Outdoor summer movies at the Occidental
1475 Pennsylvania Ave., NW
Classic movie buffs can hit this downtown stalwart for an outdoor summer movie and dinner series, beginning Saturday, June 6. Flicks like Arsenic and Old Lace play on an oversize screen in the courtyard, while guests order a three-course menu, snack on complimentary seasoned popcorn, and grab drinks from a cash bar. Reservations are now being accepted for the first two Saturdays; the event starts at 8, and costs $45 (exclusive of gratuity, tax, and alcohol).
Sunday wine dinners at Casa Luca
1099 New York Ave., NW
Chef Erin Clarke and sommelier Sarah Bengston team up for a Sunday series of Italian wine dinners, launching May 31. Each week guests can try a three-course Sunday Sips menu, which showcases dishes and wines from a particular region. First up: Sardegna. The prixe-fixe is available at dinner, and is $48 per person including food and alcohol.
STK offers al fresco happy hour
1250 Connecticut Ave., NW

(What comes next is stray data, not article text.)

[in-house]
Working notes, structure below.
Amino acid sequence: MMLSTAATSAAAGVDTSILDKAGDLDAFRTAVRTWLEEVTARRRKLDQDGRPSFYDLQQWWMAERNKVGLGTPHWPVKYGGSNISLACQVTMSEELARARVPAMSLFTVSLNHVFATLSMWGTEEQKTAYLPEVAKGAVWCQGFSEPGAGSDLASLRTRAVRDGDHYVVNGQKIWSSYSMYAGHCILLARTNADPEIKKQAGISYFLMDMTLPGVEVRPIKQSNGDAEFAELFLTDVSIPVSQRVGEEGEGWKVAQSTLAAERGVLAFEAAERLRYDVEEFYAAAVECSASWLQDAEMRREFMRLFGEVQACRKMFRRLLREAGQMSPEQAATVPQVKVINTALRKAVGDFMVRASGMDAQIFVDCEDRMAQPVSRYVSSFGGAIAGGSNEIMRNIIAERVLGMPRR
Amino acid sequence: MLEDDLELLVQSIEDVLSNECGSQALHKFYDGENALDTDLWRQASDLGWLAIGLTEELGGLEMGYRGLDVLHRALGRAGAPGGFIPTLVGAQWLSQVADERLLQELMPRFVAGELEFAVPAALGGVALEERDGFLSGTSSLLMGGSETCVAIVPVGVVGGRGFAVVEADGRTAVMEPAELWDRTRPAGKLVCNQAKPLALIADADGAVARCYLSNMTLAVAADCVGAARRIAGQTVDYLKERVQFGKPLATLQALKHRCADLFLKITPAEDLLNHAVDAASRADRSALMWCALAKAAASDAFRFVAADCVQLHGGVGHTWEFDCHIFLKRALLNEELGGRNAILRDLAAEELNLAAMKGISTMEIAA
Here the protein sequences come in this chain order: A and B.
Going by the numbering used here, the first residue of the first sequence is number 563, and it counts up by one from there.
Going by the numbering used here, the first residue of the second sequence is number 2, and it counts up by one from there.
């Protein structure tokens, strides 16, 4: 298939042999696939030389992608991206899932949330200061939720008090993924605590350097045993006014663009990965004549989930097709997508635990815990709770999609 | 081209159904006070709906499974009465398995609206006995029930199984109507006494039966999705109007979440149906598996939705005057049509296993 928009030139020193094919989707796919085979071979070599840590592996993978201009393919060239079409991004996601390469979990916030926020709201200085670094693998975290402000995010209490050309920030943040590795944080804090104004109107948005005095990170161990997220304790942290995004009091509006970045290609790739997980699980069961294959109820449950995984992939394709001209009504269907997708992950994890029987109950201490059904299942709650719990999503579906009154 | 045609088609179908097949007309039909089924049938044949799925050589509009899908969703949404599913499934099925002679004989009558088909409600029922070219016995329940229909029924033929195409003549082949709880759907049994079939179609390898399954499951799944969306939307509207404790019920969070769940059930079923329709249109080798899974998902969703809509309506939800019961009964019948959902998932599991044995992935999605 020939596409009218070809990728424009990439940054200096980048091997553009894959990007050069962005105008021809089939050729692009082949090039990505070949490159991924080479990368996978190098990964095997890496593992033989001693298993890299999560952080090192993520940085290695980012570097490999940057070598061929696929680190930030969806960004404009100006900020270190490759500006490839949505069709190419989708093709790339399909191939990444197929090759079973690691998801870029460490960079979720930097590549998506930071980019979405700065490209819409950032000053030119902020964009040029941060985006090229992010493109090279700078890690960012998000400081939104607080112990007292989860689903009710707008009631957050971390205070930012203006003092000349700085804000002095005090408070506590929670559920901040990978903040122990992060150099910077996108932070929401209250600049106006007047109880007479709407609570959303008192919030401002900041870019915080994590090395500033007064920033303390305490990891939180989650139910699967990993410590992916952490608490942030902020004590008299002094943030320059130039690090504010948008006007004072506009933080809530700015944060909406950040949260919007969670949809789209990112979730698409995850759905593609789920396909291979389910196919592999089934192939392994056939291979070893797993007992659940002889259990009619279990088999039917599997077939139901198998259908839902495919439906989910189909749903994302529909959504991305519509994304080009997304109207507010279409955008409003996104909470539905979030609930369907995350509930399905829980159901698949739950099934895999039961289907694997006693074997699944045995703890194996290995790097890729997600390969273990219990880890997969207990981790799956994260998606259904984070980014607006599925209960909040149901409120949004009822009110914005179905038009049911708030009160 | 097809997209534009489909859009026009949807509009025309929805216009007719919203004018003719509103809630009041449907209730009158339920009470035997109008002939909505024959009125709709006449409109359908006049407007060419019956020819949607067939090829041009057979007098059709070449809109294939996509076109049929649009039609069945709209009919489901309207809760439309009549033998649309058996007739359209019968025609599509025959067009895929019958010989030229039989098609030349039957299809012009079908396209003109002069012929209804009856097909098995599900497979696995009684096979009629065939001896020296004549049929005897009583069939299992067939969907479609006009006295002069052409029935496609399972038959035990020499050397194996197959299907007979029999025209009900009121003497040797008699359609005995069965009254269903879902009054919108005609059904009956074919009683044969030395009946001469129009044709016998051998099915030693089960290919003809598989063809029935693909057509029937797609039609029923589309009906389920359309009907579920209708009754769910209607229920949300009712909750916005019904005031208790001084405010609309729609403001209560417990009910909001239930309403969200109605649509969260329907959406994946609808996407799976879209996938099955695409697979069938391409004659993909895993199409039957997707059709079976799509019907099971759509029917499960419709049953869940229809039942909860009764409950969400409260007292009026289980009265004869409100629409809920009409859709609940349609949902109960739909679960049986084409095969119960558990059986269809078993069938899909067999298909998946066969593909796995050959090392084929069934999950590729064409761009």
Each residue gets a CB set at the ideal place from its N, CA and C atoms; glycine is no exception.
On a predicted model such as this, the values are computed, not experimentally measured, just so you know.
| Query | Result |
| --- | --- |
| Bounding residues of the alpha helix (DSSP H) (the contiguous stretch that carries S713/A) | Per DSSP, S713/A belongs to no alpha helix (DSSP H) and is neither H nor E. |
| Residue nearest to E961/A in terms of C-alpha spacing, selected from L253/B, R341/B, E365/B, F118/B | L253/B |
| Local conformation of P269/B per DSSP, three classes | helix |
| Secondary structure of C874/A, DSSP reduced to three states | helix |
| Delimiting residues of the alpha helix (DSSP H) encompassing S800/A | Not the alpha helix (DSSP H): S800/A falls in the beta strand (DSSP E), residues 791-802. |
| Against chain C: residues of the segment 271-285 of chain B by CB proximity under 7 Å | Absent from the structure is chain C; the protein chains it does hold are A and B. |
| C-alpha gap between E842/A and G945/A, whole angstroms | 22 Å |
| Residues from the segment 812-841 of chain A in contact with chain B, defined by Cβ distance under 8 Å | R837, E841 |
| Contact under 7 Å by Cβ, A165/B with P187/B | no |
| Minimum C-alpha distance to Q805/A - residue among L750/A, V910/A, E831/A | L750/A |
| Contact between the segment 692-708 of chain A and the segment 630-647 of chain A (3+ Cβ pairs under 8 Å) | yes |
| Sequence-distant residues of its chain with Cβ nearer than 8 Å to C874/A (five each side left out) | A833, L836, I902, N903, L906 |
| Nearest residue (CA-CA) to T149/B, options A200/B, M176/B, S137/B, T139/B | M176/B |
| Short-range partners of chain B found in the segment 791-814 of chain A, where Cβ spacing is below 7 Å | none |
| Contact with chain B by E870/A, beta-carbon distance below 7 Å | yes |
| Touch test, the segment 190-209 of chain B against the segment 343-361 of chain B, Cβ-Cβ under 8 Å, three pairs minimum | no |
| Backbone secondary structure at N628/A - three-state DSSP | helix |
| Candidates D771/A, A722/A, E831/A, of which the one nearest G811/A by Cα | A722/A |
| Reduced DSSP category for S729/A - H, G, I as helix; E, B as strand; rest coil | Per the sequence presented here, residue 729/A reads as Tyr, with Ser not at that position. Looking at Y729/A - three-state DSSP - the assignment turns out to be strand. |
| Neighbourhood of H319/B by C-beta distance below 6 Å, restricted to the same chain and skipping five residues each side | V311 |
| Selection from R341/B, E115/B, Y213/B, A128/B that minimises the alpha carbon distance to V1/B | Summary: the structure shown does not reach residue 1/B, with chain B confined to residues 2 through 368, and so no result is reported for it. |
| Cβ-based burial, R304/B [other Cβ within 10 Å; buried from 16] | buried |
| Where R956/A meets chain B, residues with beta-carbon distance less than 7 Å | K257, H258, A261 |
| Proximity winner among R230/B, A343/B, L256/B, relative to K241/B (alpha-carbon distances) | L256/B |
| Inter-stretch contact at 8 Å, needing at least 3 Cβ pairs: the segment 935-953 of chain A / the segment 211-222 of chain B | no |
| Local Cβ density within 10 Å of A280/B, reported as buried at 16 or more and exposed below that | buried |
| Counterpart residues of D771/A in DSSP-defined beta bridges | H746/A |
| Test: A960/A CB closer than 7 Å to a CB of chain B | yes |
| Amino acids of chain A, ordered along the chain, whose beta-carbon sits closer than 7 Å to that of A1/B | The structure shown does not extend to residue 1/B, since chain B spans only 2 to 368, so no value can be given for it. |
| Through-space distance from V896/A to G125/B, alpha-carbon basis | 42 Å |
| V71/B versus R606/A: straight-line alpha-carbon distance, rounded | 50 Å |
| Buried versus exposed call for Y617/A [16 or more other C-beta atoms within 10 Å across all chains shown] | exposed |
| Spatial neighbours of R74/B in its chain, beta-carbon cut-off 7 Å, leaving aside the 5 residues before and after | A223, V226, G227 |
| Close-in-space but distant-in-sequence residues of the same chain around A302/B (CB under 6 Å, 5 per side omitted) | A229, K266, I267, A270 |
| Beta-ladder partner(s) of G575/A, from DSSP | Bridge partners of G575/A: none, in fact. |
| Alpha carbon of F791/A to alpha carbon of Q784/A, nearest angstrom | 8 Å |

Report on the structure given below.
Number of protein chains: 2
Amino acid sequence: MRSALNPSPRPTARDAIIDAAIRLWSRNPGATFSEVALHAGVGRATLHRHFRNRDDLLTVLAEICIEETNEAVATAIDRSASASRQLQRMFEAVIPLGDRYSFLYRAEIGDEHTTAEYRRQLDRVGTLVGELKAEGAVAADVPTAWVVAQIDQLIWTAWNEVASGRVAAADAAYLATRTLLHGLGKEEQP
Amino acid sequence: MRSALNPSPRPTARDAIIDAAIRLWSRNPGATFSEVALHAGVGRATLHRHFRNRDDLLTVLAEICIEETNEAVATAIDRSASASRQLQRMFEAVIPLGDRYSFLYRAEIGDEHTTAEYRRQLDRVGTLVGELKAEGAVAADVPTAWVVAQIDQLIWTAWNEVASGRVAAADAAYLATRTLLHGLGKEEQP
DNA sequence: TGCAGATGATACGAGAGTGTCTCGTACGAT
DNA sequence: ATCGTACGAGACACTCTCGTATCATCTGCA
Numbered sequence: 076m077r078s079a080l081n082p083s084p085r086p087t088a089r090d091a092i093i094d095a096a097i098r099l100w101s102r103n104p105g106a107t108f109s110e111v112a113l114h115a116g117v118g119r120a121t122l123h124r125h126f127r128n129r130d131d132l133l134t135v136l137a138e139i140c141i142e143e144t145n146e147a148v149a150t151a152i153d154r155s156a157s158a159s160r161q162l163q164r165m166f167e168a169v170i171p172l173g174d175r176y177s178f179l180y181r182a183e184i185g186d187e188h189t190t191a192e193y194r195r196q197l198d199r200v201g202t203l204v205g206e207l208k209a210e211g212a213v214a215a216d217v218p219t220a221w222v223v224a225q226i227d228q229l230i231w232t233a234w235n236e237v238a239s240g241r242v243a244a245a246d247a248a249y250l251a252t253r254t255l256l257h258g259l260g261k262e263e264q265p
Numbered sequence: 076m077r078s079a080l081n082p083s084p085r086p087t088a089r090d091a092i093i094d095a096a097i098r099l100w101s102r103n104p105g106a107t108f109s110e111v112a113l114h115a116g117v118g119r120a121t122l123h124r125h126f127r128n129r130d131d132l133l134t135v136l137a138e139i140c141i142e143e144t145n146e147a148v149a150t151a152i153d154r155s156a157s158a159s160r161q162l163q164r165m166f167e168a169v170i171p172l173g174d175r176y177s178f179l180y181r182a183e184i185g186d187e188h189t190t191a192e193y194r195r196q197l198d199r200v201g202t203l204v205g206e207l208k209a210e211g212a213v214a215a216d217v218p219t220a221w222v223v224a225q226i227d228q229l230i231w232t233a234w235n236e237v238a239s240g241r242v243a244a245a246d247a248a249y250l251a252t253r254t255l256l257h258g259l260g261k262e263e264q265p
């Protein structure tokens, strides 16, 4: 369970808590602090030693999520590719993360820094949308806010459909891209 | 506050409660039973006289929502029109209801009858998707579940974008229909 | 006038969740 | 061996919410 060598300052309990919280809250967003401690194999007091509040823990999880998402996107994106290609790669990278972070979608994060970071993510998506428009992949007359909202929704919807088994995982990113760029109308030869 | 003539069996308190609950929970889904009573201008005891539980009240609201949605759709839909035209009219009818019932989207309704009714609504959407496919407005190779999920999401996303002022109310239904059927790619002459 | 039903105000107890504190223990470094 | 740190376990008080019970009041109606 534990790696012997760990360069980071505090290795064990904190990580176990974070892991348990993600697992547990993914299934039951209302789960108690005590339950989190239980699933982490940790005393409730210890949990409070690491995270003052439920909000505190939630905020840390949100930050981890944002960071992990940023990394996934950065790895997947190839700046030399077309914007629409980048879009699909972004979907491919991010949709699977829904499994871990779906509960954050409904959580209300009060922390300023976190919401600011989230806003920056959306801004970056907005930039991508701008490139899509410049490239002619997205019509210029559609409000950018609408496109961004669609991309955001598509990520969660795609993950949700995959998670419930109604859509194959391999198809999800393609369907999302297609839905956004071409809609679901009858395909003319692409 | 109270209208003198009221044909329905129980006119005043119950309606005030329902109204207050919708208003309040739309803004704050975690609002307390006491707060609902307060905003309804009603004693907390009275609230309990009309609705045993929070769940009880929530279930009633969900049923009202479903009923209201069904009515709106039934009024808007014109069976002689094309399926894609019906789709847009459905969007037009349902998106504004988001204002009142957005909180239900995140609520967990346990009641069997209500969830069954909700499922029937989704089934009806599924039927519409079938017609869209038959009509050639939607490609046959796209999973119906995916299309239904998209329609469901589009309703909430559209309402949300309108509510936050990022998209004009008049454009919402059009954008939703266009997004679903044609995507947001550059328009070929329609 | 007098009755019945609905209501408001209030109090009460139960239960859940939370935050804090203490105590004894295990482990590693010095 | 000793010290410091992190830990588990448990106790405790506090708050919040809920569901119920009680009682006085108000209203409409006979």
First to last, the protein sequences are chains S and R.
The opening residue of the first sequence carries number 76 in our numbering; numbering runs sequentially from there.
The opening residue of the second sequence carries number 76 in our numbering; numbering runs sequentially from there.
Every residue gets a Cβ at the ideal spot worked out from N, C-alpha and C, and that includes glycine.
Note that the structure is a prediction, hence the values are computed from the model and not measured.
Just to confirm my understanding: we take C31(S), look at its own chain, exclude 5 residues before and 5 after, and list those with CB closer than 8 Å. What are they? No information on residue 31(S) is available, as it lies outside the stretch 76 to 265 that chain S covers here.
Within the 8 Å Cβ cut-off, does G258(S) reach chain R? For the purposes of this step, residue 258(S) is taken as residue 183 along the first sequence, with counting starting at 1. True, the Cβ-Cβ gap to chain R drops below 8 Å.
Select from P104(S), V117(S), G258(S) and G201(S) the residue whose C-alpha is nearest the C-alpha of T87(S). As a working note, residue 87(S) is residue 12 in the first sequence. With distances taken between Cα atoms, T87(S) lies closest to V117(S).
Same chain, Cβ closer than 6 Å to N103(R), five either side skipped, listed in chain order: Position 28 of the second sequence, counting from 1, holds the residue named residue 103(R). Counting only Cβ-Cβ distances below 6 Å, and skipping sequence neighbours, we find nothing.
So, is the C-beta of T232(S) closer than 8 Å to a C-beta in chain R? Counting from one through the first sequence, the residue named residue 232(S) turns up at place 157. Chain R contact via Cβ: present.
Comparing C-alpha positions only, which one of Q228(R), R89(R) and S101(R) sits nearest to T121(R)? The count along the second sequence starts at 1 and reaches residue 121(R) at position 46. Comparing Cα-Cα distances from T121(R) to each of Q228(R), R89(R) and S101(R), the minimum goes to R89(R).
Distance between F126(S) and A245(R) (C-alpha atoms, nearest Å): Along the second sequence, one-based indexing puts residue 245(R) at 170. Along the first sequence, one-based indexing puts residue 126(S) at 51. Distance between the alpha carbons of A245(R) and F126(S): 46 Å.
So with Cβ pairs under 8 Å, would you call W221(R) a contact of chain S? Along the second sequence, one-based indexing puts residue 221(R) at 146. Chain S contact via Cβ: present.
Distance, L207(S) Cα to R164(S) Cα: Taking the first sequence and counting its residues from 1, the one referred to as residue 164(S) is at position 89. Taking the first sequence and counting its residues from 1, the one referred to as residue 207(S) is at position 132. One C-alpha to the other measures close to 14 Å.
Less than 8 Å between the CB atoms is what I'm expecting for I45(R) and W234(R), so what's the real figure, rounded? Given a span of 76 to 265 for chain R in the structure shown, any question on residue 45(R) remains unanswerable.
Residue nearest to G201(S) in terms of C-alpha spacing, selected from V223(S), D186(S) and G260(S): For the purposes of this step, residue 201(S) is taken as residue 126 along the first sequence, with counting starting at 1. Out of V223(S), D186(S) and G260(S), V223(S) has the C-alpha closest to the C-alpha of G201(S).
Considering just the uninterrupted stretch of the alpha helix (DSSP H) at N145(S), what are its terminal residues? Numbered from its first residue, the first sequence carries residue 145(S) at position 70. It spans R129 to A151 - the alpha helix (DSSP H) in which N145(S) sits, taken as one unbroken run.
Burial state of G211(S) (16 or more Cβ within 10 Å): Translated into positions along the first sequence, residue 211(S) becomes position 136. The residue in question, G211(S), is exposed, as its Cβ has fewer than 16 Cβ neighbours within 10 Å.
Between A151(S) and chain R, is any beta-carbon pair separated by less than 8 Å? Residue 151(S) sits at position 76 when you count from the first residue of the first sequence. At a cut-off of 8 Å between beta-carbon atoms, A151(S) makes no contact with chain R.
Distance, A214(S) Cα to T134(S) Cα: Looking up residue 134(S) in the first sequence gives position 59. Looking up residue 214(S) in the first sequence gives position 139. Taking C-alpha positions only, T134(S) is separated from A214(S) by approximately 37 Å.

Head outside for $10 buy-one-get-one sangrias, $7 Belvedere vodka cocktails, $2 oysters, and $6 Prosecco. Rosé fans should plan to cut out of work extra early; glasses go for $5 from 2 to 5.
Throwback dishes at Il Pizzico
15209 N. Frederick Rd., Rockville
The Rockville Italian celebrates its 25th anniversary by bringing back favorite dishes, beginning Monday, June 1 and running through the week. Head in for mozzarella-stuffed eggplant bundles, homemade fettuccine with shellfish, mushrooms, and peas, and veal scallopini. A portion of the sales benefit the Manna Food Center.
Call it a swing-and-a-miss for Nats drinkers. Major League Baseball Properties just announced the launch of a Washington Nationals brand wine, created through a partnership with Wine by Design. The only problem: nothing about it, besides the label, really says Washington.
According to a press release, the 18 wines created for teams in the American and National league are “tailored for each team market.” What does that mean for Washington? Very little. The Nationals 2013 Cabernet Sauvignon is made with grapes from California’s Central Coast—no Virginia Cab Franc?— and the wine itself seems to be identical to the Baltimore Orioles Cab, according to details on the Bounty Hunter website. Huh. Geographical coincidence? Nope, looks like the Minnesota Twins have the same wine as well.